14 December 2014read on...

Eric Garner, the Torture Report, and Authoritarian Psychology
What do the NYPD arresting officers of Eric Garner, the CIA officials responsible for the crimes detailed in the Torture Report and U.S. foreign policy officials all have in common? They are all agents of  institutions that have adopted an “authoritarian psychology.” So what does authoritarian psychology mean?

12 December 2014read on...

Torture and the Myth of Never Again: The Persecution of John Kiriakou
The United States sanctioned acts of torture by the Central Intelligence Agency and others. The acts took place in secret prisons (“black sites”) against persons detained indefinitely without trial. They were described in detail and explicitly authorized in a series of secret torture memos drafted by John Yoo, Jay Bybee, and Steven Bradbury, senior lawyers in the DOJ’s Office of Legal Counsel. (Office of Legal Counsel attorneys technically answer directly to the DOJ, which is supposed to be independent from the White House, but obviously was not in this case.) Not one of those men, or their Justice Department bosses, has been held accountable for their actions.

11 December 2014read on...

Do They Really Oppose Torture?
The Senate Intelligence Committee released its long-awaited report on CIA torture of detainees and the reaction has been strong. While some still maintain that torture is justified, the emerging details of the program have left most of the country disgusted and ashamed.

11 December 2014read on...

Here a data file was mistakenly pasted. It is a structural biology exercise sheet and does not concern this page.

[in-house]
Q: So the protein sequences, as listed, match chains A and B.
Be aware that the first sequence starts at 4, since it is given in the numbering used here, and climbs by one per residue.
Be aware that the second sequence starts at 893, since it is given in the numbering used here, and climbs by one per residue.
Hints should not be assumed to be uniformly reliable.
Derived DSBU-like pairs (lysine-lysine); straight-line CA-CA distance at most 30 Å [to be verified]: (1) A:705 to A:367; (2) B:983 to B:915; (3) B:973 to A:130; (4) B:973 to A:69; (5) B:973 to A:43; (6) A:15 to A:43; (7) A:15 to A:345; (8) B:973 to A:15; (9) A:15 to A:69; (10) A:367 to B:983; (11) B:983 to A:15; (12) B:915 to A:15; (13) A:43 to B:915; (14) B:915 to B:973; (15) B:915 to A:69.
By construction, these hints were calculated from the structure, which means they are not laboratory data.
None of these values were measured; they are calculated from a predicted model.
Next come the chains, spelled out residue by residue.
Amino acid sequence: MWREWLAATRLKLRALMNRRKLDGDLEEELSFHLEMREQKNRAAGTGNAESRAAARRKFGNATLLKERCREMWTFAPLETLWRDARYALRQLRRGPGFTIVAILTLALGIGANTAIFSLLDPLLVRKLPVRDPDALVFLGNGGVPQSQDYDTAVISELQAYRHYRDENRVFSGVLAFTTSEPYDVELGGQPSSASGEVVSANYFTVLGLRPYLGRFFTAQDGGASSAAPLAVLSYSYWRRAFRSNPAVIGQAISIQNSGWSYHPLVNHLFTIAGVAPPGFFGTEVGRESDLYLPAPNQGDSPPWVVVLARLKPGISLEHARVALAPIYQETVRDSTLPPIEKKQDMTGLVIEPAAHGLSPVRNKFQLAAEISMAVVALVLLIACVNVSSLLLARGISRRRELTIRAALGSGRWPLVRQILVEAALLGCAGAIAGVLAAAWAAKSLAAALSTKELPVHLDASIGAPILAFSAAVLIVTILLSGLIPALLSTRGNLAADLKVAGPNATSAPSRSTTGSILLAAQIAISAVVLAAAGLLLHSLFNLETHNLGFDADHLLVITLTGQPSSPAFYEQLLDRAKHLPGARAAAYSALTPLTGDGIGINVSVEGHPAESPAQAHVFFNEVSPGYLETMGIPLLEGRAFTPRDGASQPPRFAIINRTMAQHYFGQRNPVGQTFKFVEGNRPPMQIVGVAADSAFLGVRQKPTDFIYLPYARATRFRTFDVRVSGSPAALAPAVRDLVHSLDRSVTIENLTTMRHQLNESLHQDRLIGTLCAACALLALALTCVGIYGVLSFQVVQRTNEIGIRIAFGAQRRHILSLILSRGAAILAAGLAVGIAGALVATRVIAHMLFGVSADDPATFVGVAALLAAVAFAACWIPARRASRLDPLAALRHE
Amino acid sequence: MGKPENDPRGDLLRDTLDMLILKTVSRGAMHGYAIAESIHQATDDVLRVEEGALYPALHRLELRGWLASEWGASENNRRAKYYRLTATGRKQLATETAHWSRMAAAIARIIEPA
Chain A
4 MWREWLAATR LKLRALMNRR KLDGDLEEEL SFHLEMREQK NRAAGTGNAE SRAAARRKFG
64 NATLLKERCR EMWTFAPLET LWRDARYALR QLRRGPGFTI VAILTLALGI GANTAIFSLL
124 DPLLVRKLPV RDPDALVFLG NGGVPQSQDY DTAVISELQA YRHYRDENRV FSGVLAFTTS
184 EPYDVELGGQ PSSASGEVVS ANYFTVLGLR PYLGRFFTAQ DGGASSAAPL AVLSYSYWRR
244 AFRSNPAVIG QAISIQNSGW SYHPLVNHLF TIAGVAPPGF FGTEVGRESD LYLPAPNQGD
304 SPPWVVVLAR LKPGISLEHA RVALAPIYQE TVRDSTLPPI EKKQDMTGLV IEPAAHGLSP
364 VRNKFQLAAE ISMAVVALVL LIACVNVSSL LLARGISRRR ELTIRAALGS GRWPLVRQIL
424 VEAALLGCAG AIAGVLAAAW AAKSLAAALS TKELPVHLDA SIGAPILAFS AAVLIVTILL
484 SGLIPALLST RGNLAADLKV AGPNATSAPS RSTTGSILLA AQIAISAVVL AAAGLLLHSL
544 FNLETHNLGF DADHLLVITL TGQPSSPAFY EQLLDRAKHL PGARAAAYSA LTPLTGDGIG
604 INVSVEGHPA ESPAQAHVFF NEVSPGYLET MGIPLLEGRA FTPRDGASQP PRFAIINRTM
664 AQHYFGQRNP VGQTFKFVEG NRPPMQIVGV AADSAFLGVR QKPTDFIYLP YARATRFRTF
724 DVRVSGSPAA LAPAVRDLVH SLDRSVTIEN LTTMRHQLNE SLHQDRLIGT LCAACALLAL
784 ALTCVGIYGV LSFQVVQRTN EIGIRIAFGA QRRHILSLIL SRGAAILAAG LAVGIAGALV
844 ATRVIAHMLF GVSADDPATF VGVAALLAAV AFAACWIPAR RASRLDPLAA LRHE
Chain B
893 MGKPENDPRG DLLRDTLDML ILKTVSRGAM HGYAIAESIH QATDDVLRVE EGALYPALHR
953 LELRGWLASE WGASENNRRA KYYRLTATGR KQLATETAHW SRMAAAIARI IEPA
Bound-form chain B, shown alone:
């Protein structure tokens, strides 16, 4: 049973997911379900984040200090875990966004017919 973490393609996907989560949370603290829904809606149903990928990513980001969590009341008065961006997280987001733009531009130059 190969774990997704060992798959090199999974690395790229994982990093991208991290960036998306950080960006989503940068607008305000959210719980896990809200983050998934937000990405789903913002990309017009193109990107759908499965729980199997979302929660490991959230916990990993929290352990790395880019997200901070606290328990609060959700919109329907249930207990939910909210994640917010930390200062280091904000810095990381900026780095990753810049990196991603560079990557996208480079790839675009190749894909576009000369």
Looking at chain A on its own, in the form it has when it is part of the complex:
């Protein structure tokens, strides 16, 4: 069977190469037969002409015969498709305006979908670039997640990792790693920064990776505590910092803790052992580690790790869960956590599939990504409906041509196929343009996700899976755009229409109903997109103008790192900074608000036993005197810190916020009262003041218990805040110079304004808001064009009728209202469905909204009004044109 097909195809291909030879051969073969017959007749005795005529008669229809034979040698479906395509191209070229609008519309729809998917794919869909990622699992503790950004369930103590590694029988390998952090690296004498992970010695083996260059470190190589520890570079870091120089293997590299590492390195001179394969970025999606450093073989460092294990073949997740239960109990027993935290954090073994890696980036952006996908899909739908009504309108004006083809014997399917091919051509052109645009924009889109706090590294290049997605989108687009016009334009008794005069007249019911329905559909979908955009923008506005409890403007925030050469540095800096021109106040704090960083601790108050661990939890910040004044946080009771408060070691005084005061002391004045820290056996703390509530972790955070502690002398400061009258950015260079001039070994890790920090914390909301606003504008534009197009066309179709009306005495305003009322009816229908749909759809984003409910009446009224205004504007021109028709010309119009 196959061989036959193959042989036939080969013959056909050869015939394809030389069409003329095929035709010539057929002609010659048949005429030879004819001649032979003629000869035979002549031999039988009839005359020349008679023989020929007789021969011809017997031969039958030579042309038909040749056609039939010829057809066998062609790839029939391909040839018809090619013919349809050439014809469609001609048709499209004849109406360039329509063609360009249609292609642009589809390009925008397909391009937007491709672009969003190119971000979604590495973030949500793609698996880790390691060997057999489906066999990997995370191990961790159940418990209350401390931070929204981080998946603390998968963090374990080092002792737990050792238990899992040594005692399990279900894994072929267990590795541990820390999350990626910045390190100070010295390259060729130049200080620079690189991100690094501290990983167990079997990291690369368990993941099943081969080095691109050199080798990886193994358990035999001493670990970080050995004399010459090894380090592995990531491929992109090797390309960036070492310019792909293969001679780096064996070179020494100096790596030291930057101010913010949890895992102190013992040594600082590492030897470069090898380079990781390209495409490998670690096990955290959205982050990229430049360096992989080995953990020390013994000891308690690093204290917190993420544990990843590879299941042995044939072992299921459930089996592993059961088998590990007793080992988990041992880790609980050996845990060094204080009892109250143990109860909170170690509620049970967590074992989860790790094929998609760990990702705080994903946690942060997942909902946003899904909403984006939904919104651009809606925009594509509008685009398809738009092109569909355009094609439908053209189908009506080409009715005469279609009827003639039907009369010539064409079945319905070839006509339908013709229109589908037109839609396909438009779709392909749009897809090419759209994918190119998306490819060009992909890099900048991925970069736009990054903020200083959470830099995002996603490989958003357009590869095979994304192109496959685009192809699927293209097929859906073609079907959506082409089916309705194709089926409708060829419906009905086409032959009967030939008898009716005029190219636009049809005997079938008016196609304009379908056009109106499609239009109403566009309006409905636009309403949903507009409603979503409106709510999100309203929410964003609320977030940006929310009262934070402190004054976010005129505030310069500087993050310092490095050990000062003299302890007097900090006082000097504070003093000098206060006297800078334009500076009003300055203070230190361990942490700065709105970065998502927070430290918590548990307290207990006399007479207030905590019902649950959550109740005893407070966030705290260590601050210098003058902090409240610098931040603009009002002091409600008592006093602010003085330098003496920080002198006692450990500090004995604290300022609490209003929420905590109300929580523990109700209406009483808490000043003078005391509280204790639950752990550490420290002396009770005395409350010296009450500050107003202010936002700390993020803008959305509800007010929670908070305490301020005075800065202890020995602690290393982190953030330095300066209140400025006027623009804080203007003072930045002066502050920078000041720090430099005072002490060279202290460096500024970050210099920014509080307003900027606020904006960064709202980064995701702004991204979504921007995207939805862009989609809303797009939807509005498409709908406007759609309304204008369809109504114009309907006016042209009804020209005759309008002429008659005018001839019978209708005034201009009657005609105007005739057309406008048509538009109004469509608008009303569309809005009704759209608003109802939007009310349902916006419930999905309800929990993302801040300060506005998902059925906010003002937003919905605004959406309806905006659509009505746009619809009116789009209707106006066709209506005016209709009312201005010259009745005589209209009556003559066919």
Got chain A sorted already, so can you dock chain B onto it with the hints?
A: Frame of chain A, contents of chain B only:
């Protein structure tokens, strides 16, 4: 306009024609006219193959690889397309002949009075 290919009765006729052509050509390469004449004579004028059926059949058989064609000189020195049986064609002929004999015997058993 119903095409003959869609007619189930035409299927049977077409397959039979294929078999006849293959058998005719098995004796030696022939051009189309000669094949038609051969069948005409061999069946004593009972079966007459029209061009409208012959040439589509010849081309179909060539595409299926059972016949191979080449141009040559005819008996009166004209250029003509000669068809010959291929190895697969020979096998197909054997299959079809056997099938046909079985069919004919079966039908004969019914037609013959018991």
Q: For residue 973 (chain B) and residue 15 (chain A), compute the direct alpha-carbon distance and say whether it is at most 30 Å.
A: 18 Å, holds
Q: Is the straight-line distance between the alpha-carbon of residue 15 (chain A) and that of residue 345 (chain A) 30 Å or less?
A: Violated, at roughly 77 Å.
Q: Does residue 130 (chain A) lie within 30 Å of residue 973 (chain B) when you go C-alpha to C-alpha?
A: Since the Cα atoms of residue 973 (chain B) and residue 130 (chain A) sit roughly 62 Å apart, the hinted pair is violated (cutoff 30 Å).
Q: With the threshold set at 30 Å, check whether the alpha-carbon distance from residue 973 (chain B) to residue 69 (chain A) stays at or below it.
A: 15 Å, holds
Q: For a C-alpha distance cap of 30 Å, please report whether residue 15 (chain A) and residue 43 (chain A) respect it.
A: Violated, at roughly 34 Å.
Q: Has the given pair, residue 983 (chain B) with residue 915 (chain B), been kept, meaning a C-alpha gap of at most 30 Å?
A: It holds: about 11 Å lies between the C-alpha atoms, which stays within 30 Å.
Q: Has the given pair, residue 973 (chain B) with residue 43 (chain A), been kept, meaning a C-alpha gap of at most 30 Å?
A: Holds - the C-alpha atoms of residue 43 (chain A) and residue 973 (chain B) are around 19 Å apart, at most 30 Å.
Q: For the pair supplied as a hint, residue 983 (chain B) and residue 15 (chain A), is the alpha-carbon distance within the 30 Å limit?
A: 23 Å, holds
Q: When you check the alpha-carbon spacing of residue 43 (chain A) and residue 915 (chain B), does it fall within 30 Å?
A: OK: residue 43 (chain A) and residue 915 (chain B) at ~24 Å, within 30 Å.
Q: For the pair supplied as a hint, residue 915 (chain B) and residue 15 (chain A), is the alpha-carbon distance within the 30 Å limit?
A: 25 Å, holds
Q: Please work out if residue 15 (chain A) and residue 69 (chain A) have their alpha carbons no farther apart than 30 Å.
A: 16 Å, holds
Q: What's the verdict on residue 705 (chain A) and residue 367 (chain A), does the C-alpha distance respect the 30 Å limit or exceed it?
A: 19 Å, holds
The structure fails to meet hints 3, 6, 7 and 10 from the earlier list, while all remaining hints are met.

US Foreign Policy: Into the Heart of Darkness
The United States is careening toward an unnecessary new cold war with Russia.  Cold War II may be even more dangerous than the first Cold War, because the constitutional checks and balances and the attention span of the people regulating the US government’s behavior have broken down. While Ukraine is now at the center of this madness, the neocon-driven march to folly has roots reaching well beyond the Ukraine.

10 December 2014read on...

Featured Articles

Police Have No Right to Shoot Someone Running Away


Ferguson

Ferguson Police Chief Thomas Jackson, in a press conference notable for its brevity, identified the officer who shot Michael Brown as Darren Wilson, a six-year veteran of his department. Information distributed to the media included reports suggesting that Brown was a suspect in a strong-arm robbery of a package of cigars at a local convenience store. Still photographs, reportedly of the incident in the local QuikTrip, show a large young man resembling Brown involved in what appeared to be an assault on a much smaller individual in the store.